Lesson for Core Concept #4: Tension between Conflict and Compromise
Jacqueline Fernandez, Graduate Education Intern, Tufts
The decade before the Revolution began was a continual tug of war between those who wanted to force confrontation and those who sought accommodation and compromise.
To Pay or Not to Pay, That is the Question
Encourage and further develop students’ analytical, debate, listening, speaking, and problem solving skills by hosting a mock trial in which a jury must decide whether or not individuals involved in throwing tea overboard in the Boston Tea Party broke the law, should be jailed, and should have to pay for the tea. Students will develop arguments, listen to each other, develop counterarguments and work as teams to come to a conclusion on the issue from the perspective of their assigned character.
By the end of the activity, students will understand that
- some people had specific motivations to force confrontation
- some people had specific motivations to seek accommodation
- each group used events in a different way
- the dynamic of the opposing approaches is evident in the arguments of each group which were intended for the other
Activity: Debate and Class Discussion
Timeframe: One class period
Have students break into four groups. Provide them with fifteen to twenty minutes to read the documents and fill out the document analysis sheet (individually or together).
Group 1: Sons of Liberty
Keeping the Peace
"Extract of a letter from Charlestown, South Carolina, Dec. 2, 1765 ..."
Article from page 1 of the Supplement to the Boston Gazette, 27 January 1766
Sons of Liberty. Read for context on their identities.
Group 2: Non-Consumption and Non-importation
Trade Violators Exposed!
"Summary of the Cargo of the Snow Pittt [sic] ..."
List from page 1 of The Boston Chronicle, Number 120, 17-21 August 1769
John Mein and fellow merchants who imported British Goods. Read for context on their identities.
Group 3: Boston Tea Party
The "True Sons of Liberty" Weigh In
Tradesmen's Protest against the Proceedings of the Merchants ...
Tradesmen of Boston and allies who support British law and have been threatened by "patriots." Read for context on their identities.
Group 4: Boston Tea Party
Good and Loyal Subjects Speak up
"At a Town-Meeting held in Marshfield ..."
Article from pages 1-2 of The Massachusetts Gazette; and the Boston Post-Boy and Advertiser, Number 859, 31 January - 7 February 1774
Marshfield town members present at the meeting. Read for context on their identities.
Once students read the documents and complete a document analysis worksheet, they will divide into teams representing their assigned groups and be presented with the following challenging situation:
You are either a member of the Sons of Liberty, a merchant who imported British goods, a tradesman of Boston who supported British tax law, or a person from Marshfield and you have been called to a very important meeting. The question to be considered is whether the self-professed patriots who admittedly threw tea overboard have broken the law; should have to pay for the tea damaged in the Boston Tea Party; and should be jailed for their actions. Taking into account what you learned from your assigned identity and primary source document, you must decide where you stand on the issue. You will have four options in making your choice. You can self-select from one of the following: strongly agree, somewhat agree, somewhat disagree, or strongly disagree.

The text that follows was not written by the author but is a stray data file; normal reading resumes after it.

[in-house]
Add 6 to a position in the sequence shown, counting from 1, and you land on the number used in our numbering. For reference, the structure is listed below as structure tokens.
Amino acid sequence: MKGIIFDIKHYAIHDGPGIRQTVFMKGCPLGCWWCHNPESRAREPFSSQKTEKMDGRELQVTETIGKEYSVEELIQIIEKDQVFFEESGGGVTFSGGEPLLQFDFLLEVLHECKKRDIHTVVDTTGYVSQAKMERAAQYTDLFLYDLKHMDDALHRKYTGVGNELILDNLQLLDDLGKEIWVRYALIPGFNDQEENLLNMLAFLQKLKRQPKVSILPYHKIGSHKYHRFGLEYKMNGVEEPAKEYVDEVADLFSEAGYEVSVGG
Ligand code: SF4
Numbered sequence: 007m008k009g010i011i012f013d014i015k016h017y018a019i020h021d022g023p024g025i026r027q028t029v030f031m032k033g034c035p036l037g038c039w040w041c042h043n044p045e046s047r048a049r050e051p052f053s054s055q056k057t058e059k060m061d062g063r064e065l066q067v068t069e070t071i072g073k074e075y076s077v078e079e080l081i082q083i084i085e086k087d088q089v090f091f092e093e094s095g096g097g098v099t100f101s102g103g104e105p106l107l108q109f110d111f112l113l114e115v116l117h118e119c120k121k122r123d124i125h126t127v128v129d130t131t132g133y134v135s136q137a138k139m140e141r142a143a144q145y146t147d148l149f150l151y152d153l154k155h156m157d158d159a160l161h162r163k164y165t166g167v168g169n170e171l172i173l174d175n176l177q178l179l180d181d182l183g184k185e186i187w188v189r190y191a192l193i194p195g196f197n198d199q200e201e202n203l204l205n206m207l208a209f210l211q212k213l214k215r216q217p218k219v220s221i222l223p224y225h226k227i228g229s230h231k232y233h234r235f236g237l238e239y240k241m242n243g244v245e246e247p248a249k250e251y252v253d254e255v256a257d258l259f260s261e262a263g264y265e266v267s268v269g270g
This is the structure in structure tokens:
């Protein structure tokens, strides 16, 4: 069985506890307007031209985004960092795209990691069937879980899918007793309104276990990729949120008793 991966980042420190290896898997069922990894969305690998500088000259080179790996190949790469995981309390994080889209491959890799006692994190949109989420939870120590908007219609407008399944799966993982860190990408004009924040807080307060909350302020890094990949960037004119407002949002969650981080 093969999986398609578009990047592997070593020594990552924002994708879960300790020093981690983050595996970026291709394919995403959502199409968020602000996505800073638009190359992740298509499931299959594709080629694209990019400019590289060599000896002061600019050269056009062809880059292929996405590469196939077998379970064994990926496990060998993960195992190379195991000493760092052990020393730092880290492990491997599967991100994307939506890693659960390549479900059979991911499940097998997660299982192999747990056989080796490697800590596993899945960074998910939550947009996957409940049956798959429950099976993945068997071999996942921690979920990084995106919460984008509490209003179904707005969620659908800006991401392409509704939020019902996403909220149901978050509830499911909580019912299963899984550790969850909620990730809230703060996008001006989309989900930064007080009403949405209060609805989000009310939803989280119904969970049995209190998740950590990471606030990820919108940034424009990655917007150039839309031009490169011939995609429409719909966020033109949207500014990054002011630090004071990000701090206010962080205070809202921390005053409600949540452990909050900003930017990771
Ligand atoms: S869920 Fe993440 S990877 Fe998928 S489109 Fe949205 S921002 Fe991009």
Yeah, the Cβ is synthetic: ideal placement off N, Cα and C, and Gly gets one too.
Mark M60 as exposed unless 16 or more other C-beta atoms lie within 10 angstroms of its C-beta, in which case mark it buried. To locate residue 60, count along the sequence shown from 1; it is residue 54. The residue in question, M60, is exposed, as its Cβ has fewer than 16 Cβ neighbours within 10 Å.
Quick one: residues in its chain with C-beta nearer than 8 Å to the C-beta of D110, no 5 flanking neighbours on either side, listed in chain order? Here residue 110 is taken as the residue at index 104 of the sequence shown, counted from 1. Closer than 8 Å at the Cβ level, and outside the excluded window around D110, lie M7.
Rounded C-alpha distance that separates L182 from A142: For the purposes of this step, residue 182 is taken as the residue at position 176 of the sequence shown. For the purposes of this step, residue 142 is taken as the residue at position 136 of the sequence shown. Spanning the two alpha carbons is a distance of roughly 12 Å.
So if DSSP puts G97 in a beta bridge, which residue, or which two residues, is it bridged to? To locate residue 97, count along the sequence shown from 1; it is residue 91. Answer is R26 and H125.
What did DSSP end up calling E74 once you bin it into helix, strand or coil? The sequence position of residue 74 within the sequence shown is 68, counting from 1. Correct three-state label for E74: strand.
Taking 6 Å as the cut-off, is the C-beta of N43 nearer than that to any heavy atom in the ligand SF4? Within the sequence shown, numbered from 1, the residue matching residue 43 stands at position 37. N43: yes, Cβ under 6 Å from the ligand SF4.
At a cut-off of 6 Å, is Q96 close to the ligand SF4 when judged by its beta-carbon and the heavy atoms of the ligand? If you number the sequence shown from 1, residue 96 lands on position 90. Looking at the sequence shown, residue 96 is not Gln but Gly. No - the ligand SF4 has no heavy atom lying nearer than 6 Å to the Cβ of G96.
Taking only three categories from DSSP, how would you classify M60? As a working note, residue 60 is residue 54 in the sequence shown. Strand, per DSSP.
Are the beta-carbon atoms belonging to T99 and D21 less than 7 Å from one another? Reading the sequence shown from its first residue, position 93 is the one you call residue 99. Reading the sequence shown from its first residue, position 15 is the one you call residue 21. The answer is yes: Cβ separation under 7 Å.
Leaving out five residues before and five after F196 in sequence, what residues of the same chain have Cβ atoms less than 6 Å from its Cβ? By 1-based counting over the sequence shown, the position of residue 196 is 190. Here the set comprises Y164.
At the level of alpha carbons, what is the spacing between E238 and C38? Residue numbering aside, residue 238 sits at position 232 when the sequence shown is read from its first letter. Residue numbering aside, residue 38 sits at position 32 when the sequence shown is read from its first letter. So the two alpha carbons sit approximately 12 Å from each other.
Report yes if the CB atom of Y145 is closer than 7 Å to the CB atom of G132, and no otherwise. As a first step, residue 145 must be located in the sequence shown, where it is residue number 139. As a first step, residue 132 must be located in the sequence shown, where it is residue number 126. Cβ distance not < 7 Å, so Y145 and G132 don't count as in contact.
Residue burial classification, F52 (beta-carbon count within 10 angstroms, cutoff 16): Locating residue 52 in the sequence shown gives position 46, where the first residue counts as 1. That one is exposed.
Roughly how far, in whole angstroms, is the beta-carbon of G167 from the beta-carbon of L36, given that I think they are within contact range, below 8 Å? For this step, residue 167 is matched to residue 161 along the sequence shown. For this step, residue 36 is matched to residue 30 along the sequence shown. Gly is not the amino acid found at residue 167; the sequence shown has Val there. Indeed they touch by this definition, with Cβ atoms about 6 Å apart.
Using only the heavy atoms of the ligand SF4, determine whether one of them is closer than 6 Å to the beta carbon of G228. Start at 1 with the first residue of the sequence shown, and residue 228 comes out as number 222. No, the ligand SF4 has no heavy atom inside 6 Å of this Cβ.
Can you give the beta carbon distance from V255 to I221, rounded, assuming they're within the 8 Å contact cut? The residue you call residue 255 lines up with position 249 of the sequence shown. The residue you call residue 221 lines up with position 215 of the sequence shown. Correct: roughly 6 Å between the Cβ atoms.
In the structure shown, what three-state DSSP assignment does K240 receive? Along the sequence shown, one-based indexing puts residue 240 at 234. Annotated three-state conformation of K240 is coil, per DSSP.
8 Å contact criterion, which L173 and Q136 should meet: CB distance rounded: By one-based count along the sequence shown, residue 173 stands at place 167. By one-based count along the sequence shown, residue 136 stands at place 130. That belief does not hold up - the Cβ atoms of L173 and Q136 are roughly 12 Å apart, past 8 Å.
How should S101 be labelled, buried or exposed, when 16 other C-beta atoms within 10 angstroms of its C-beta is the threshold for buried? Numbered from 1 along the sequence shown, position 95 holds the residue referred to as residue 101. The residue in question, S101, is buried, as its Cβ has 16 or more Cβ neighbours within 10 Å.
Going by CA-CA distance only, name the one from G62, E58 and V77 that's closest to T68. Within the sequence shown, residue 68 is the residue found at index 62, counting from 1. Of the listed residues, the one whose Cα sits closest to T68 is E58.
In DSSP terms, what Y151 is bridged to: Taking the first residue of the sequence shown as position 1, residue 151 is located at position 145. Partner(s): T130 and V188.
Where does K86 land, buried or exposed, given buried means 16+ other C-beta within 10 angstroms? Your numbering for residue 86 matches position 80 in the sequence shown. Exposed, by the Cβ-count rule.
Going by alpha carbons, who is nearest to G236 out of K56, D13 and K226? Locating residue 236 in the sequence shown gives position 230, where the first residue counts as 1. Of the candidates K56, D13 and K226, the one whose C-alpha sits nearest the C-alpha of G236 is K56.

Each corner of the room will have a poster board with one of the following labels: strongly agree, somewhat agree, somewhat disagree, or strongly disagree. Students will go to the corner that corresponds with their interpretation of what their assigned identity’s stance would be and have five minutes to discuss with other group members where they stand and why. The goal of students will be to use what they learned from reading their document and their understanding of their character and work together to present a persuasive case to other students. After the five minutes, an identified representative from each group, or if groups are small, each person in the group, will briefly state the basis for their rationale in four or five points. After a group presents their stance, students who may have been convinced to change their original stance will be allowed a period of 25 seconds to decide if they want to change their stance and move to the corresponding section of the room. Students will have to listen well because they will have to fill out a chart related to the debate for homework.
At the end of the activity, the corner of the room with the most individuals decides the fate of those who tossed the tea. The class will then take a few minutes to discuss what arguments were made by whom and why, which arguments were most persuasive, and why, and what the counterarguments were.
After the activity, the teacher will assign homework, which will be: 1) to fill in the chart below; 2) answer the Questions to Consider that correspond with their assigned document for the activity; 3) select one of the four documents they did not read and answer the corresponding Questions to Consider and in bullet points, note any similarities and differences between the two they have read. At a later date, students can select one Further Exploration Question from either document to be answered in the form of a project.
PDF document of PDF of the Homework Chart